While potentially sharing similar sources of bias or interpretive caveats with other South Africa Plio-Pleistocene assemblages, there are nonetheless two fundamental differences between the GD A and other penecontemporaneous deposit samples. First is that the GD A sample explicitly contains fossils from at least two distinctly different phases of sedimentation, and decalcified fossils that may be derived from one, both, or an additional deposit(s) from the Gondolin site. The second is that the extensive mining-mediated destruction of the Gondolin karstic system prohibits direct correlation (at present) of the red and grey calcified sediment type in Dump A to any particular depositional phase represented by the modern in situ fossil-bearing remnants. In fact there is no particular basis for assuming that fossils derived from either the GD A red or grey calcified sediments have a shared taphonomic history or are chronological or spatially associated, even if they shared one or more sedimentation events within the karstic system or overall ‘matrix type.’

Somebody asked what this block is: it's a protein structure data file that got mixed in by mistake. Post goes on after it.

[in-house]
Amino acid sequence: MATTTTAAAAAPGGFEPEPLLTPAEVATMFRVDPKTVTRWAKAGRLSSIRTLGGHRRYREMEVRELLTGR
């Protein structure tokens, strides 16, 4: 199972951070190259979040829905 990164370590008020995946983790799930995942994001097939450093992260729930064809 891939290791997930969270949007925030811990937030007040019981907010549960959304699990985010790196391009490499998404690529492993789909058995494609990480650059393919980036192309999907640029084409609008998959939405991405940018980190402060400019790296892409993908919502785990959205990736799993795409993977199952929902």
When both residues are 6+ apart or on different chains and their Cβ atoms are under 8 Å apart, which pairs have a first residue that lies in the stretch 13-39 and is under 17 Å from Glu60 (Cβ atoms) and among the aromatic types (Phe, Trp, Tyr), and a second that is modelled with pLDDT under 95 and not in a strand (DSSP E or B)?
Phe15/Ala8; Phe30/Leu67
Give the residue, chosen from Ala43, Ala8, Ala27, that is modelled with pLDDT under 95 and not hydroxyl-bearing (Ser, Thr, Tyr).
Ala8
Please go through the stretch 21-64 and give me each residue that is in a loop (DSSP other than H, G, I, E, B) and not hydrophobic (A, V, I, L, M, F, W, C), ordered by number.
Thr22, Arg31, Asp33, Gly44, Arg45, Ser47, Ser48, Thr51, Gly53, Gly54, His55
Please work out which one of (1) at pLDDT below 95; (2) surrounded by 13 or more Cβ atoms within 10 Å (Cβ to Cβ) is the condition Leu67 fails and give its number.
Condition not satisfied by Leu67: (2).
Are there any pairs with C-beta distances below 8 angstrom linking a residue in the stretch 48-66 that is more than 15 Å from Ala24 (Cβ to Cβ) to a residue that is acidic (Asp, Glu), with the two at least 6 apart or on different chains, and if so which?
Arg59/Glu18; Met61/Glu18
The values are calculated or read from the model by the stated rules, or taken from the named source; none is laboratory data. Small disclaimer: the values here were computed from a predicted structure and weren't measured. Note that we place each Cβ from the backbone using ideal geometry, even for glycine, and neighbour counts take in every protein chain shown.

With these interpretive issues in mind, the total GD A faunal assemblage derived from both calcified sediment types and sifted decalcified sediments includes specimens of Order Primates and three mammalian Families (Families Felidae, Herpestidae, and Giraffidae); no representatives of these groups have been described from either the well-sampled GD 2 or GD 1 in situ deposits (Adams & Conroy, 2005; Adams et al., 2007b). None of these novel GD A faunas are sufficiently biochronologically sensitive to allow for interpretation relative to the preexisting Gondolin depositional sequence, or suggestive that any deposits at the site are substantially older or younger than the GD 1 or GD 2 in situ deposits (Herries et al., 2006; Adams et al., 2007b). Although no novel bovid tribes or species were recovered, the proportions of bovids within GD A (with few reduncins and oreotragins and a high number of alcelaphin, antilopin, and tragelaphins) stand in stark contrast to the composition of the GD 2 assemblage. This results in a different pattern of bovid size class representation, with a greater representation of larger, bovid class III elements in the GD A sample that contrasts the dominance of smaller class I and II elements in the GD 2 sample (Adams, 2010). The McIntosh evenness statistic value for GD A (0.90) is very high relative to the other Gondolin (GD 1: 0.79, GD 2: 0.60) and comparative fossil and modern karstic assemblages (Adams & Rovinsky, in press; Table 1), but the high taxonomic diversity reflected in the statistic value reflects mostly single individuals in each group. The GD A sample carnivore-ungulate ratio (9.1%) is nearly double that of the larger GD 2 assemblage (4.85%; Adams, 2010), although it is still low relative to the other comparative South African assemblages (Adams & Rovinsky, in press; Table 2). Simultaneously, while the greater taxonomic diversity of the GD A sample relative to other Gondolin deposits like GD 2 is based on a substantially smaller sample size (NISP: 15,246 vs. 95,549 individual specimens from GD 2; Adams, 2010), the proportion of identifiable cranial and postcranial elements from both assemblages is remarkably similar (15.03% for GD A, 17.24% for GD 2; Adams, 2010).